How to Nurture Leads for Increased Sales

In order for any lead nurturing campaign to be successful, it must be part of a comprehensive plan. It cannot exist in a silo. It must be connected to your other lead gen programs and analytics. The beauty of e-mail campaigns is you can select exactly whom you want to send your message to. And you can help direct your recipients’ next step by sending them to your website or by offering a special download – something to engage them. Then, you can use analytics to determine each prospect’s level of interest based on their level of engagement.

You should qualify your prospects based on opens and clicks. Did they open the e-mail? Did they click through on your call to action? This is their way of responding to your e-mails, telling you if they are effective or not. So, choose your content wisely and make sure it’s relevant. Communicate about special promotions, events, offers, anything of interest to your prospects.

Another key to successful lead gen campaigns is to know your saturation point. Do you need to send weekly e-mails or does monthly work best? You want your e-mails to be a welcome sight in your prospects’ in boxes and not a nuisance. Lead nurturing is about engagement. You want to keep prospects as engaged as possible along their buying journey. You want to keep your prospects interested, show them you care, you understand their unique needs, and how your company can help.

Knowing where your prospects are in the buying process is helpful. And how they engage with your e-mails will help you determine whether they are gathering information, considering, or ready to buy.

E-mail lead gen campaigns enable you to learn more about your prospects so you can better communicate with them and nurture them throughout their buying journey. This helps you provide the right content at the right time, moving them down the funnel to a purchasing decision.

 

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8 LinkedIn Changes That Help With Your Marketing


A year ago LinkedIn revamped its system in an attempt to increase functionality and make it more user friendly, a move that came after its acquisition by Microsoft in 2016. The changes are evident from the moment you sign in to your account. The new app-like home page has been streamlined, giving you quick and easy access to the information you want to see – with the goal for you to use LinkedIn more often and stay engaged longer.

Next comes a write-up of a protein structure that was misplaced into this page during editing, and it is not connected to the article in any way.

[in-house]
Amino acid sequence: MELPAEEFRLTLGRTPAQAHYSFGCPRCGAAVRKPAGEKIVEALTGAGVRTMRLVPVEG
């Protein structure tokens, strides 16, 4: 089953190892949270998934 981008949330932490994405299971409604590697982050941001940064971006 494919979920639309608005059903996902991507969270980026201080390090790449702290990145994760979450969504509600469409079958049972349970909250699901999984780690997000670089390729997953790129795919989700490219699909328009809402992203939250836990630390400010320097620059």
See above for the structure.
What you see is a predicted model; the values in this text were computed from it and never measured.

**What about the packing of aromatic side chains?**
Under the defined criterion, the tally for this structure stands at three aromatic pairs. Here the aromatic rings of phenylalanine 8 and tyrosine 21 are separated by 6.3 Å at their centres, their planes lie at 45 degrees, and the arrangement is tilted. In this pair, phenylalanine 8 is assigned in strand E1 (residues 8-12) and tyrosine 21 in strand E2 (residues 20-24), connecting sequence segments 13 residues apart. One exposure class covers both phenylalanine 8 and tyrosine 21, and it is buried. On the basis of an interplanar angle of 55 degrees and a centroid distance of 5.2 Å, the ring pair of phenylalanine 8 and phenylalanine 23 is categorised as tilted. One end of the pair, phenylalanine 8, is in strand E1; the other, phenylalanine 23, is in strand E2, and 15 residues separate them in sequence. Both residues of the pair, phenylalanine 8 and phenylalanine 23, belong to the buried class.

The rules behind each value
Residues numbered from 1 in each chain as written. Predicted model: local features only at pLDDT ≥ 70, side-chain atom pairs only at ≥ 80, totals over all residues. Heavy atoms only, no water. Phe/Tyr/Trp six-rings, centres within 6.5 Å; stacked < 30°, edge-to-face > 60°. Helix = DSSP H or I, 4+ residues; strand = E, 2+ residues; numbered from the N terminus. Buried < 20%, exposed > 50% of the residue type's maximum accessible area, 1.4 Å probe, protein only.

If you’re like me, you haven’t taken the time (until now) to investigate all of the changes. Here are the top eight changes that marketers should know about.

  1. More Content

Your LinkedIn home page now features more organic, sponsored, and native advertising content users may be interested in reading. And shortcuts like the “Work” button in the top navigation bar next to your profile picture make it easy to manage your company page as well as your groups.

  1. Easy Messaging

The new and improved LinkedIn makes it even easier to private message contacts. Now there’s a pop-up “Messaging” window on the bottom right of your home page screen that allows you to quickly and easily select one of your contacts and shoot them off a message without leaving the LinkedIn homepage feed. And, when you receive messages, new “smart replies” automation provides three automated replies you can select – no typing required. Adding personalization to the automated message – like: Thanks, Jane – is coming soon.

  1. Easy Searching

New search features offer a universal search box that lets users search by people, jobs, companies, groups and schools. You can search all of these LinkedIn categories with a single, unified keyword(s) – all of the relevant items will come up on one page, and you can toggle between different categories. Before this change, you had to search in each category separately.

  1. Trending Topics At A Glance

LinkedIn is taking its cue from Facebook, adding an algorithm that selects trending stories for this news feed on the top right of your home page. This move makes it easier for users to engage within the system.

  1. More Analytics

 This one is really good. LinkedIn now provides more analytics so you know how other users interact with your content you post. LinkedIn now shows you things like who liked your content, the company they work for, their job title, where they are located, and where they found your content. If that weren’t enough, the system will also suggest additional articles to share with your network to increase engagement.

  1. Native Videos

Remember how frustrating it used to be to try to embed video into LinkedIn?! Now LinkedIn lets you upload native videos directly to LinkedIn using its mobile app. In addition to being convenient, this enhancement also helps the videos on company pages appear more authentic/organic and less “corporate.”

  1. Blogging Interface

Now you can create a blog post from your home page by clicking on the “Write An Article” link in the top box on your home screen. Before you had to navigate to another page called LinkedIn Pulse and write your post there.

  1. Learning Center

The new “Learning” option in your top navigation bar enables you to enter a skill set that are of interest to you and then access pertinent content that informs you on a multitude of subjects that meet your criteria.